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Thread: Handle making equipment

  1. #1
    Senior Member Kingkor's Avatar
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    Handle making equipment

    What are the basic and non basic tools for handle making, looking to hear from anyone who had any experience in making handles.


  2. #2

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    Oct 2011
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    Vail, AZ
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    You can make handles with pretty basic stuff. I'd definitely have a drill press, you can get them for cheap. You don't need one, depending on the handles you're making, but they're useful for sure.

    Shaping can seriously be done with good rasps, files, and sandpaper. A sturdy table and vise makes things efficient. Good lightning makes things less frustrating (note: "less").

    "Perfection is achieved, not when there is nothing more to add, but when there is nothing left to take away." -Antoine de Saint-Exupery

  3. #3
    Senior Member cheflarge's Avatar
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    Don't get much better than Don!
    Good food is essential, where knives are an integral part of the process.

  4. #4
    Senior Member milkbaby's Avatar
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    Don't forget the clamps... you can never have too many clamps! LOL

    A flat reference surface to sand on is useful too, a lot of people like a dead flat granite block. You can also use a nice flat piece of glass. Fix your sandpaper to it to carefully flatten. I'm lazy, so i just use the backside of a diamond plate, but it's really too small to do a great job.

  5. #5
    Steel I bought a piece of CRA 1095 steel from Admiral Steel 5/32" X 1 1/4" X 96" for under $30 with shipping. Good blade steel for the price. 5/32" is nice and thick, good for a survival or hunting knife.<br>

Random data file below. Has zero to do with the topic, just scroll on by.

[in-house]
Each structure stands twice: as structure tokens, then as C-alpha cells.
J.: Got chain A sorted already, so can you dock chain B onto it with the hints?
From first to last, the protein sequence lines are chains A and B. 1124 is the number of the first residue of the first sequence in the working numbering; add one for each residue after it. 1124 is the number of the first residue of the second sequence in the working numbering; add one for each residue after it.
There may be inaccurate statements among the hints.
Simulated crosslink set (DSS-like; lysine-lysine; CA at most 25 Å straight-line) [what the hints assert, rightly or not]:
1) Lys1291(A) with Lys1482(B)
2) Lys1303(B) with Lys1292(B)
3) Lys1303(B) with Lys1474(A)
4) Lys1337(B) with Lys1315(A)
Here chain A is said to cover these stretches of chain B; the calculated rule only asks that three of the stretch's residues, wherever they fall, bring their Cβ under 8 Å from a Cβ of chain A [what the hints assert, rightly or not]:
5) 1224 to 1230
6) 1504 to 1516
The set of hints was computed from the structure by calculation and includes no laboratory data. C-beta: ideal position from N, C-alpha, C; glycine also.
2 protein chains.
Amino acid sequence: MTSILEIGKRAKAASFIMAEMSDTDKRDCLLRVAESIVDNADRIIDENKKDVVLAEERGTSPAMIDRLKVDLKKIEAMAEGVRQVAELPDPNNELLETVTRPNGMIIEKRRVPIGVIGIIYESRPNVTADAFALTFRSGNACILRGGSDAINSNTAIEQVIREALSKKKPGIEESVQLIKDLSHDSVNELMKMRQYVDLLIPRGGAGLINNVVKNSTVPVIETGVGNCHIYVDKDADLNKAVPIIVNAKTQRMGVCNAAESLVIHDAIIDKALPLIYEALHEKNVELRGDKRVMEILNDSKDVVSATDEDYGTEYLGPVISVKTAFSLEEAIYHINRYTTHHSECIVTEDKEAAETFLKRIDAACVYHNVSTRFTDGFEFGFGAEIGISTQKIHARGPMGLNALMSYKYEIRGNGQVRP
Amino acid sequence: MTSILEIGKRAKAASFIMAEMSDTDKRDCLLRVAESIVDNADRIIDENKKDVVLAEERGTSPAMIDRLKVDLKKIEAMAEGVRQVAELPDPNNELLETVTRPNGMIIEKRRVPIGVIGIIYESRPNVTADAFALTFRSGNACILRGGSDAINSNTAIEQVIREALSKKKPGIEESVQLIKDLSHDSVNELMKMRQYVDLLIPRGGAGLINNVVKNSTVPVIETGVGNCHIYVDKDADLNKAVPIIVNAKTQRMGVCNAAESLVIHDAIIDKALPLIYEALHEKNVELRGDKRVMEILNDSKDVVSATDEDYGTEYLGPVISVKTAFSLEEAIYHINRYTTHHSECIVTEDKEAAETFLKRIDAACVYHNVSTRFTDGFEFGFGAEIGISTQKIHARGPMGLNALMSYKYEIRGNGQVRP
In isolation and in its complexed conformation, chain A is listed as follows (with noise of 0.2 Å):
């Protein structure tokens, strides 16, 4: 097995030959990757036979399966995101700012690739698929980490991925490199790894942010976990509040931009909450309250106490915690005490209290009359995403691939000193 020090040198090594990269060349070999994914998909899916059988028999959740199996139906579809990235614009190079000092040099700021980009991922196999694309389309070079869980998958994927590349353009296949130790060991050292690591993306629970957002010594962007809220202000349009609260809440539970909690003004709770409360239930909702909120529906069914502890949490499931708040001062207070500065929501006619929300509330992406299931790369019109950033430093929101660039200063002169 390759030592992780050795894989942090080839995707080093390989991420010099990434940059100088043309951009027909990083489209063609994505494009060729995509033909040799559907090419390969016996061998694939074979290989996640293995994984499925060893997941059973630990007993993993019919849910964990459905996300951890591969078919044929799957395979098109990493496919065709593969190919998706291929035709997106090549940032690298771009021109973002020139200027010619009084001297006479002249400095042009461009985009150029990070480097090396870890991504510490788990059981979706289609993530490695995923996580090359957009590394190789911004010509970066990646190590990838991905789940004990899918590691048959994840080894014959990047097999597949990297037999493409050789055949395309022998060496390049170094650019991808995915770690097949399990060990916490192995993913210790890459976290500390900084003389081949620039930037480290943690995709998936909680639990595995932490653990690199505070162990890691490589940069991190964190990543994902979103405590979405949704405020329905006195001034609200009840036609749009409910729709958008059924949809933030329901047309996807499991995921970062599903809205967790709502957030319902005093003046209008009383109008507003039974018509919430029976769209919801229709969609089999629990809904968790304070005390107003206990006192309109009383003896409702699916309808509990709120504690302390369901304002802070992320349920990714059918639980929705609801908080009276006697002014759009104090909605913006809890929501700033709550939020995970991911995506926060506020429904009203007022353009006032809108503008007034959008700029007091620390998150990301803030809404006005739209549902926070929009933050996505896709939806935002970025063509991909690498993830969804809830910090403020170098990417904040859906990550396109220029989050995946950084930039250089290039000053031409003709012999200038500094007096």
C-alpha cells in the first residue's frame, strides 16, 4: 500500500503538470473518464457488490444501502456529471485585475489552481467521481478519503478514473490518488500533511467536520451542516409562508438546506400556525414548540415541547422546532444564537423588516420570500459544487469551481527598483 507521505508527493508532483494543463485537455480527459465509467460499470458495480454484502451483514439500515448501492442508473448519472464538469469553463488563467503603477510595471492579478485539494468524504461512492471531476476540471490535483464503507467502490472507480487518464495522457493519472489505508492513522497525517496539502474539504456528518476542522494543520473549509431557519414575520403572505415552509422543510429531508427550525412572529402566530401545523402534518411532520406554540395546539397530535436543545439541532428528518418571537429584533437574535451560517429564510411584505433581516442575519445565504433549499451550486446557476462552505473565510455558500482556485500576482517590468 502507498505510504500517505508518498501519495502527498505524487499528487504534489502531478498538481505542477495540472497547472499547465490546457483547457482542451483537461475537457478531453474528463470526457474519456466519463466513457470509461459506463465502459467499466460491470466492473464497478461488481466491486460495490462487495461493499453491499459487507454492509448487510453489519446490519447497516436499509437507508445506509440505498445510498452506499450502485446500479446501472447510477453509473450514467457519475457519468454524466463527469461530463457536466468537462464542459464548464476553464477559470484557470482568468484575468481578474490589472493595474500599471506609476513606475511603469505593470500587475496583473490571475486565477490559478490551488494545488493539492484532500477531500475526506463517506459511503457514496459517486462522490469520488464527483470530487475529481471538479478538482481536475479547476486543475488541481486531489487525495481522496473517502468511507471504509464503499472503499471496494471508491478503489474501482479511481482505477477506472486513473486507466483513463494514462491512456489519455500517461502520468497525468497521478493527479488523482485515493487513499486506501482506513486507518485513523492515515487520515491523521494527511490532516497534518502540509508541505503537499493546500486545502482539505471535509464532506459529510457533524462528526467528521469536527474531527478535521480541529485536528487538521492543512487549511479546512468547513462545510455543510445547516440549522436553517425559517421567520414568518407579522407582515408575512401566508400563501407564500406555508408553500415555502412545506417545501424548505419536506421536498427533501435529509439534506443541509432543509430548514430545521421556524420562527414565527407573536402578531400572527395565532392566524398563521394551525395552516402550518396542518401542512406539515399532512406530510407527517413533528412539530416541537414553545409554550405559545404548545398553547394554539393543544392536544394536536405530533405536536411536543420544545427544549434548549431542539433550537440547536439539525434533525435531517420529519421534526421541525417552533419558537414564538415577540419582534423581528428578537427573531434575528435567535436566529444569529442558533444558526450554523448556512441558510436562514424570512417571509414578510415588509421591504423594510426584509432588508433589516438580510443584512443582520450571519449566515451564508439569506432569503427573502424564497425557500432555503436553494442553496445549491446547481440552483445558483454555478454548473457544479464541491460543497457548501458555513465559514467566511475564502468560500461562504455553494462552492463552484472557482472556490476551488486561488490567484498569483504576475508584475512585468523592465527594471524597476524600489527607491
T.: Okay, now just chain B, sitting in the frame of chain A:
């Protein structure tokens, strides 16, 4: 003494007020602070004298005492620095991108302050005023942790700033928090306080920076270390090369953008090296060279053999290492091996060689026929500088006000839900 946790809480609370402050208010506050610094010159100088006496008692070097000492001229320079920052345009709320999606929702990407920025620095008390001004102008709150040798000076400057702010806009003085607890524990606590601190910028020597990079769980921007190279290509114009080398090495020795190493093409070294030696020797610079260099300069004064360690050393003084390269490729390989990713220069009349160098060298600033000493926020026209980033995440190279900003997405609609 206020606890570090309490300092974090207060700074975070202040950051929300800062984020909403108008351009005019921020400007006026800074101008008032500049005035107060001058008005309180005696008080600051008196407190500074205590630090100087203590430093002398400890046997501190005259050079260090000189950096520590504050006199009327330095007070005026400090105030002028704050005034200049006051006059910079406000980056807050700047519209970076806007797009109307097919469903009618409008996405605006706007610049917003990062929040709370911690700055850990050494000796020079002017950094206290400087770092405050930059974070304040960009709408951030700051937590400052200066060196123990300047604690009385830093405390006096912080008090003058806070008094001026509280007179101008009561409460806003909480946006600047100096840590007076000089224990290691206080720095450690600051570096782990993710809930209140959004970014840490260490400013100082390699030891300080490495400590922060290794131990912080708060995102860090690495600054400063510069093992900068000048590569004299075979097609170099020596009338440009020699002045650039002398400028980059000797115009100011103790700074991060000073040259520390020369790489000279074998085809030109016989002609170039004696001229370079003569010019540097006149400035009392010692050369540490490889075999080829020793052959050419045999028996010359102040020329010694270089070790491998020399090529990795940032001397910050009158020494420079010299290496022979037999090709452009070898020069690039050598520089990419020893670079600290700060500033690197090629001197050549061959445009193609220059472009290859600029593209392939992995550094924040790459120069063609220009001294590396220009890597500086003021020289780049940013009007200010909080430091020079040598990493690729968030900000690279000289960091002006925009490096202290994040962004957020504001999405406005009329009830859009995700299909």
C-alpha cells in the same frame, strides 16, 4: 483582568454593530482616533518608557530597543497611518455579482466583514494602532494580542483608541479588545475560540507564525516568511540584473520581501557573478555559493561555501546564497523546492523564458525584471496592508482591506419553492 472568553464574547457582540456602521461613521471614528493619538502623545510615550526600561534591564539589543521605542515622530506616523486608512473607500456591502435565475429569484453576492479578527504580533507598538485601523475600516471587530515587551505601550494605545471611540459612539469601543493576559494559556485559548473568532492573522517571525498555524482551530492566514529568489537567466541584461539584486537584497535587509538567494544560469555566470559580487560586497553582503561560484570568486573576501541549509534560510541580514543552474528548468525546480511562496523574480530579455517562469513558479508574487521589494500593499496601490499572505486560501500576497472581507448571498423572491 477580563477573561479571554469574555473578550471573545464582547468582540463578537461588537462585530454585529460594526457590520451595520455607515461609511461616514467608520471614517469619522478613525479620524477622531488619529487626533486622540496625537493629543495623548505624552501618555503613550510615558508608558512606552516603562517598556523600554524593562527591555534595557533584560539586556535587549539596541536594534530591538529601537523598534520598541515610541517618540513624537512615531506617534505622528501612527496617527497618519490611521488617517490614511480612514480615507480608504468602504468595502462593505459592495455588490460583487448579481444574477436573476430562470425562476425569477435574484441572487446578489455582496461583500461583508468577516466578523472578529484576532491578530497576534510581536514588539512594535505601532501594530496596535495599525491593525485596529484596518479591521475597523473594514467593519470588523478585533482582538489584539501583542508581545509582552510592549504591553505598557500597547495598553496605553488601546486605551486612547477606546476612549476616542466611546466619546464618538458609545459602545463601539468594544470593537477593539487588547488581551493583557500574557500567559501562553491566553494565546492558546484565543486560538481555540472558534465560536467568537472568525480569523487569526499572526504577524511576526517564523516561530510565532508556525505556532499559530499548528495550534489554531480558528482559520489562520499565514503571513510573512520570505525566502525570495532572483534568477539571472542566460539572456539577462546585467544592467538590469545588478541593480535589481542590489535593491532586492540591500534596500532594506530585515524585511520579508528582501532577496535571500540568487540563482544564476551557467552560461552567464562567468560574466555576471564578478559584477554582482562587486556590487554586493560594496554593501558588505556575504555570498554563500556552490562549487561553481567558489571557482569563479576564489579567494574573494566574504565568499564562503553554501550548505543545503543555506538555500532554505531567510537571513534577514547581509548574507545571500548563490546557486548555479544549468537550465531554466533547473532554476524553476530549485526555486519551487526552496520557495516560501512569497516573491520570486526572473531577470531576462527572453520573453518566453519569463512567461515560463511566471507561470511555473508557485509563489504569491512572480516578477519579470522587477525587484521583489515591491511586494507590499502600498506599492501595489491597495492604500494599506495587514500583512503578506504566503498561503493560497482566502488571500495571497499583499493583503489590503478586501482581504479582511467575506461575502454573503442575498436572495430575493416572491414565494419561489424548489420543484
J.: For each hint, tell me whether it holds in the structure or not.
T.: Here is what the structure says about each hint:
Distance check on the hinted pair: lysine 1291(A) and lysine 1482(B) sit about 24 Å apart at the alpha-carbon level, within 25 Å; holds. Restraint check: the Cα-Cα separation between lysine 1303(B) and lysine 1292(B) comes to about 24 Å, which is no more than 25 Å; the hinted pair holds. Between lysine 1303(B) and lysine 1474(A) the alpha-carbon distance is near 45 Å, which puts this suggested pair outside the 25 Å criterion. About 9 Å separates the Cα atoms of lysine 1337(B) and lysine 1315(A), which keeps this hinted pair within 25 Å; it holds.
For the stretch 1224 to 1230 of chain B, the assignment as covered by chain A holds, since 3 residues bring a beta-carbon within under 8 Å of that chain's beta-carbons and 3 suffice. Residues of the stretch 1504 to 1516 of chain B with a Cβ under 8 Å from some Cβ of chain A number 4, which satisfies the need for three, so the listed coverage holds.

<br>
    - Handle Material You can use a ton of different materials for your handle; wood, bone, micarta even horn. I prefer wood because I'm a carpenter by trade and love it. I bought a piece of Cocobolo for the scales (handle material) from Owl Hardwoods because I was nearby for a job.<br>
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    - Pin StockYou can buy this online from knife making suppliers or just go to an Ace hardware and browse their brass or stainless steel bar stock. In the hobby section usually. I bought a variety of both.<br>
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    - Epoxy 30 min. 2 ton. Don't try the 4 min. because you may need a little bit of work time.<br>
    <br>
    - Linseed oil You can use this to finish the wood handle or you can put some polyurethane on it.<br>
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    ------<br><br>

  6. #6
    I would get either a cheap bandsaw or a decent japanese hand saw. When I once snapped the blade on my bandsaw I was able to continue work with my japanese handsaw quite easily and efficiently. Also, a cheap handheld belt sander can be used upside down.


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